Keep the faith

The African Data Revolution Report 2018 is out. What’s needed to make good on the promise? A stronger commitment of political leadership and for externally funded data projects to focus more on local capacity-building within governments.

Those same recommendations might apply to other areas beyond open data. Certainly, governance challenges remain significant on the continent. The Ibrahim Index of African Governance overall score is just 49.9%. How can we improve from there? Vera Songwe, Executive Secretary of the Economic Commission for Africa argues that rule of law, transparency, and accountability might be the solution.


Essential Listening

How to tax the rich? Can’t get enough of Rutger Bregman after the last TAI Weekly? Listen here as he talks to the Economist and read here as he and Winnie Byanyima talk to philanthropy critic Arvind Giridharadas.


Vive la mini public!

Our final potential savior for democracy? Better evidence on how to promote it that can counter rising distrust and disinformation. Jonathan Breckon and Anna Hopkins make a case for how mini publics could be used as platforms for citizens to engage with research. What is a mini public you ask? Forums that bring people and evidence together for constructive, considered debate.  They should draw on systematic reviews that look at all the accessible evidence, presented in a fair and accessible way, rather than rely on experts alone.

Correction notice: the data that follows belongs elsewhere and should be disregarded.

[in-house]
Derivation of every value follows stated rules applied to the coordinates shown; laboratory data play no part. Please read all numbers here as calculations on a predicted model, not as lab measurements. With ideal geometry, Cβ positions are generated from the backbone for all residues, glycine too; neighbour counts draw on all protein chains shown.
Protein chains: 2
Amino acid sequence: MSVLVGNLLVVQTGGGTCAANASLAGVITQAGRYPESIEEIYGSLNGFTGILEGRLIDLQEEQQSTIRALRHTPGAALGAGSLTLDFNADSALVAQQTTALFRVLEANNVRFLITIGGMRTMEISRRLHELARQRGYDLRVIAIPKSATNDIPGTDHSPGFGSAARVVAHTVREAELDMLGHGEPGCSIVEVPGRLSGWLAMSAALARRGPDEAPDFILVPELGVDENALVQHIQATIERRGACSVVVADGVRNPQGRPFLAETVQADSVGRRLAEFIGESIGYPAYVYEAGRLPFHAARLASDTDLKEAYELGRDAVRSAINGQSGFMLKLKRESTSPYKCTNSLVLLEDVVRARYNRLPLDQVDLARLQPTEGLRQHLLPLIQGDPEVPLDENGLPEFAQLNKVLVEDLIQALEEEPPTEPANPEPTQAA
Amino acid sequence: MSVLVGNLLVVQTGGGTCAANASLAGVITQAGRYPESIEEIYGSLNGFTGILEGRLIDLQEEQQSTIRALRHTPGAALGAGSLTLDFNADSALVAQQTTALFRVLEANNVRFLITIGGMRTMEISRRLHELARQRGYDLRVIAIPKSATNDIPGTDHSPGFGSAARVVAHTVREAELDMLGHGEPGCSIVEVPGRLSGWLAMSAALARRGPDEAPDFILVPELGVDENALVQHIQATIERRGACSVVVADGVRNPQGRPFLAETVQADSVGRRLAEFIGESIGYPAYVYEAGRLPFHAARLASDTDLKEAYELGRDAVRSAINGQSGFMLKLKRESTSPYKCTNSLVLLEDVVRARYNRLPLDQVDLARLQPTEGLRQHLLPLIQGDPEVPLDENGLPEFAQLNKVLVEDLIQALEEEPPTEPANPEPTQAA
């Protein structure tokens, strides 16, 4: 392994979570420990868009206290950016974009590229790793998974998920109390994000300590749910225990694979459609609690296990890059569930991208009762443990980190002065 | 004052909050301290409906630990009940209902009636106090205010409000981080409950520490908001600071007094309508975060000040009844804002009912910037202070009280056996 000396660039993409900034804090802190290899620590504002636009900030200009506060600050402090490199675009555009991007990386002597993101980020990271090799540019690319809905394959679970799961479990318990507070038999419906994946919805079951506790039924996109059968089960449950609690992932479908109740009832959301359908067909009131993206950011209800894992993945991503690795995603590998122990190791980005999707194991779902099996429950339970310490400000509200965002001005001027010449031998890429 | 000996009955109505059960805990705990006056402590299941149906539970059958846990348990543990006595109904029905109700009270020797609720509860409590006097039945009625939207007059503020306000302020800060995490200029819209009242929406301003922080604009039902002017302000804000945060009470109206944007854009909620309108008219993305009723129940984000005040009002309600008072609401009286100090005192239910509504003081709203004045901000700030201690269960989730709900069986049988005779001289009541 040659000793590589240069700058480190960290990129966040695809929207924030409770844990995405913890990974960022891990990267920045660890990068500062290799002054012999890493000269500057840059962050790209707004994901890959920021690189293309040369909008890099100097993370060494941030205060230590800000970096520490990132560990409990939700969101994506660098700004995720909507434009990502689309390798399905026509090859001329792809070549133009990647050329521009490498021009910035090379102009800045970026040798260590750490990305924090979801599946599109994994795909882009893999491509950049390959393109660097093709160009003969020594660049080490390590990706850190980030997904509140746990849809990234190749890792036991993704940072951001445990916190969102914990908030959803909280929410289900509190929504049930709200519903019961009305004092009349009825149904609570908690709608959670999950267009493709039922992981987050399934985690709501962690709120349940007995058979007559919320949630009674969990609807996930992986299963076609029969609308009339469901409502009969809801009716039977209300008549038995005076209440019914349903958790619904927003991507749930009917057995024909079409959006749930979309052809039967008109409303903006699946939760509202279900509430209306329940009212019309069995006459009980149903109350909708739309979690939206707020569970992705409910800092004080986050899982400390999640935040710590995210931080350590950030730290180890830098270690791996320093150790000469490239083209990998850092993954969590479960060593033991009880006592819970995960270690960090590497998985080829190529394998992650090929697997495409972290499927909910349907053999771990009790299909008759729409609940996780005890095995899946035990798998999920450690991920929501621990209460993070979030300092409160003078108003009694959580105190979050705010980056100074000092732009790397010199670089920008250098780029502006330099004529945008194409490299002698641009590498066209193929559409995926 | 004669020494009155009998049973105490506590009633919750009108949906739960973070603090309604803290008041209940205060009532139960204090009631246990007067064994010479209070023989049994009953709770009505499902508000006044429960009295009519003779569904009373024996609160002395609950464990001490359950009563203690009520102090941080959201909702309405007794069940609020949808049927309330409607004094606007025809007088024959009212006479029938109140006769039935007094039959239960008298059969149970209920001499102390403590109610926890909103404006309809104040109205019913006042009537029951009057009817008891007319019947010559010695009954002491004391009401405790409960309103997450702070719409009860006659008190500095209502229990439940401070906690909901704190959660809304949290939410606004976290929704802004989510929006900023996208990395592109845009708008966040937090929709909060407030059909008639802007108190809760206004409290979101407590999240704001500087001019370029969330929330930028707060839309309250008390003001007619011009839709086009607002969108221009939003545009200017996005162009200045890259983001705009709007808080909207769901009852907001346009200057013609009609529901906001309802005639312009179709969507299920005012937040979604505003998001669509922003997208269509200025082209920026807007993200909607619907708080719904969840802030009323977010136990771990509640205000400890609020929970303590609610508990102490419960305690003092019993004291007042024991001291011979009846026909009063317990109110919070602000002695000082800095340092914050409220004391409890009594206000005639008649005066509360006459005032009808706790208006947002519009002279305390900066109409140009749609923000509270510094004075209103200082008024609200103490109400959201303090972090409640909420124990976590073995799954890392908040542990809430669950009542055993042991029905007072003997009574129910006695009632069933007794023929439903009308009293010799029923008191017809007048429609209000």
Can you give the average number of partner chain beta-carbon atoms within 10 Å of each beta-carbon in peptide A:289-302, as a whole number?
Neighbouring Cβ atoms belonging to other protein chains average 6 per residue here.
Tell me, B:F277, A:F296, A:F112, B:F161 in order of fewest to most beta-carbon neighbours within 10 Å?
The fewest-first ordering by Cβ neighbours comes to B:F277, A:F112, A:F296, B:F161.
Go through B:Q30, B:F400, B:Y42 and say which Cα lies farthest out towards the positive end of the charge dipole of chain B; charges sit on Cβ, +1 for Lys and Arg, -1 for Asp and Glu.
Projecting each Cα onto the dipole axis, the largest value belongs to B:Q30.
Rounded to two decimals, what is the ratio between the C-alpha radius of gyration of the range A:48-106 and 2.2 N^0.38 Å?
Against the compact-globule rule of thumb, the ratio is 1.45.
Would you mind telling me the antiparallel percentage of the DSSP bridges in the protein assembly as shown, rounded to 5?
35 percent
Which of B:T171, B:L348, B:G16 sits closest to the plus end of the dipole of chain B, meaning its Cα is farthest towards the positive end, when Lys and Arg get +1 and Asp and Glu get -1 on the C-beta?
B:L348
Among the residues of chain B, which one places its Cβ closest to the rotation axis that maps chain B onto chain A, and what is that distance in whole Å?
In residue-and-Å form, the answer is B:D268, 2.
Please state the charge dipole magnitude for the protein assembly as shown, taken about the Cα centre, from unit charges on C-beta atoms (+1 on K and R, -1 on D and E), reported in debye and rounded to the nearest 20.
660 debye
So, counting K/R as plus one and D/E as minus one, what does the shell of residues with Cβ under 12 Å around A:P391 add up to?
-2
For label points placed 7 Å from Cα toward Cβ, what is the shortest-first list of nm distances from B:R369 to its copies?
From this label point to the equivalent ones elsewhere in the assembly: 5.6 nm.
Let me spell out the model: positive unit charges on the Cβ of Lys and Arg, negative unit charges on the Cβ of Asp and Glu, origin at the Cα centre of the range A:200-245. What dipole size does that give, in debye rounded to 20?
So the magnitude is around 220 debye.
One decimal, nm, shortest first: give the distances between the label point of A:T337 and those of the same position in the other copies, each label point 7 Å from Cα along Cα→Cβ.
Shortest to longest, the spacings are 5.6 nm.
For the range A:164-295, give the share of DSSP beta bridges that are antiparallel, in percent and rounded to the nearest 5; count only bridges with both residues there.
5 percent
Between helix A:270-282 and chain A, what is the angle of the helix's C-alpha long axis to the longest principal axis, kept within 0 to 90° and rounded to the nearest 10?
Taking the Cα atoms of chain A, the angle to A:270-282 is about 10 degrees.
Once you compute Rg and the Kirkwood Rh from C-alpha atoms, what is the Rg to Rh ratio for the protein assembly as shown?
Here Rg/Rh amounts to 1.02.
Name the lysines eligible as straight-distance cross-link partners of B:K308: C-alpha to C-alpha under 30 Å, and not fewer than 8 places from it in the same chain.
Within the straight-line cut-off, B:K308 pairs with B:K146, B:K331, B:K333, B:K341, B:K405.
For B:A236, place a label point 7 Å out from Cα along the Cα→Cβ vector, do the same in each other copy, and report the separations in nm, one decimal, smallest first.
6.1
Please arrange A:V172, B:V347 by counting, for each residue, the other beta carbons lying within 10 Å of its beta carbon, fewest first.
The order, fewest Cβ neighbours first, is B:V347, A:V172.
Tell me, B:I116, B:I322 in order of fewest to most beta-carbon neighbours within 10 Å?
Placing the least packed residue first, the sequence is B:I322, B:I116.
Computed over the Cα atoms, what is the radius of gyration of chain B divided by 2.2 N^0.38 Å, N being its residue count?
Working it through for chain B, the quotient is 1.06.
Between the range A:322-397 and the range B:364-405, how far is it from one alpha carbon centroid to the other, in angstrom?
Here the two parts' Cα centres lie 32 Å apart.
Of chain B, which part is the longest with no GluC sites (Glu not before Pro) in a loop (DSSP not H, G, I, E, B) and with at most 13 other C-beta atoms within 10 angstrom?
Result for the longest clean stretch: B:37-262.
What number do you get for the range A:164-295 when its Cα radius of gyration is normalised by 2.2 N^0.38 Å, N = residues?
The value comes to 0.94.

Get out of your box

Australian Evaluation Society looks at how to “un-box” evaluation, making it more useful and accessible to frontline beneficiaries and communities.

Thinking of how to create better policies writ large for your organization? You might want to try design thinking.

Lastly, grab some ideas on how to improve your style guide and how to use precise and dignified language to tell truthful grantee stories. Become an authentic storyteller. (For more tips, don’t forget our story behind the story report.)


TAI spotlight

Why the privacy conversation needs more voices | Ford Foundation

Wilneida Negrón makes a case for the need for collaborative forces to fight privacy issues.

Aid budget and investing in the developing world | DFID

Penny Mordaunt calls upon more funders to invest in Asia and Africa.

Protecting and advancing human rights | MacArthur Foundation

MacArthur in a new initiative commits an additional $15 million to support Mexico’s CSOs and protect human rights and reform the nation’s justice system.

Calls: Proposals, papers, speakers and course invites

On the calendar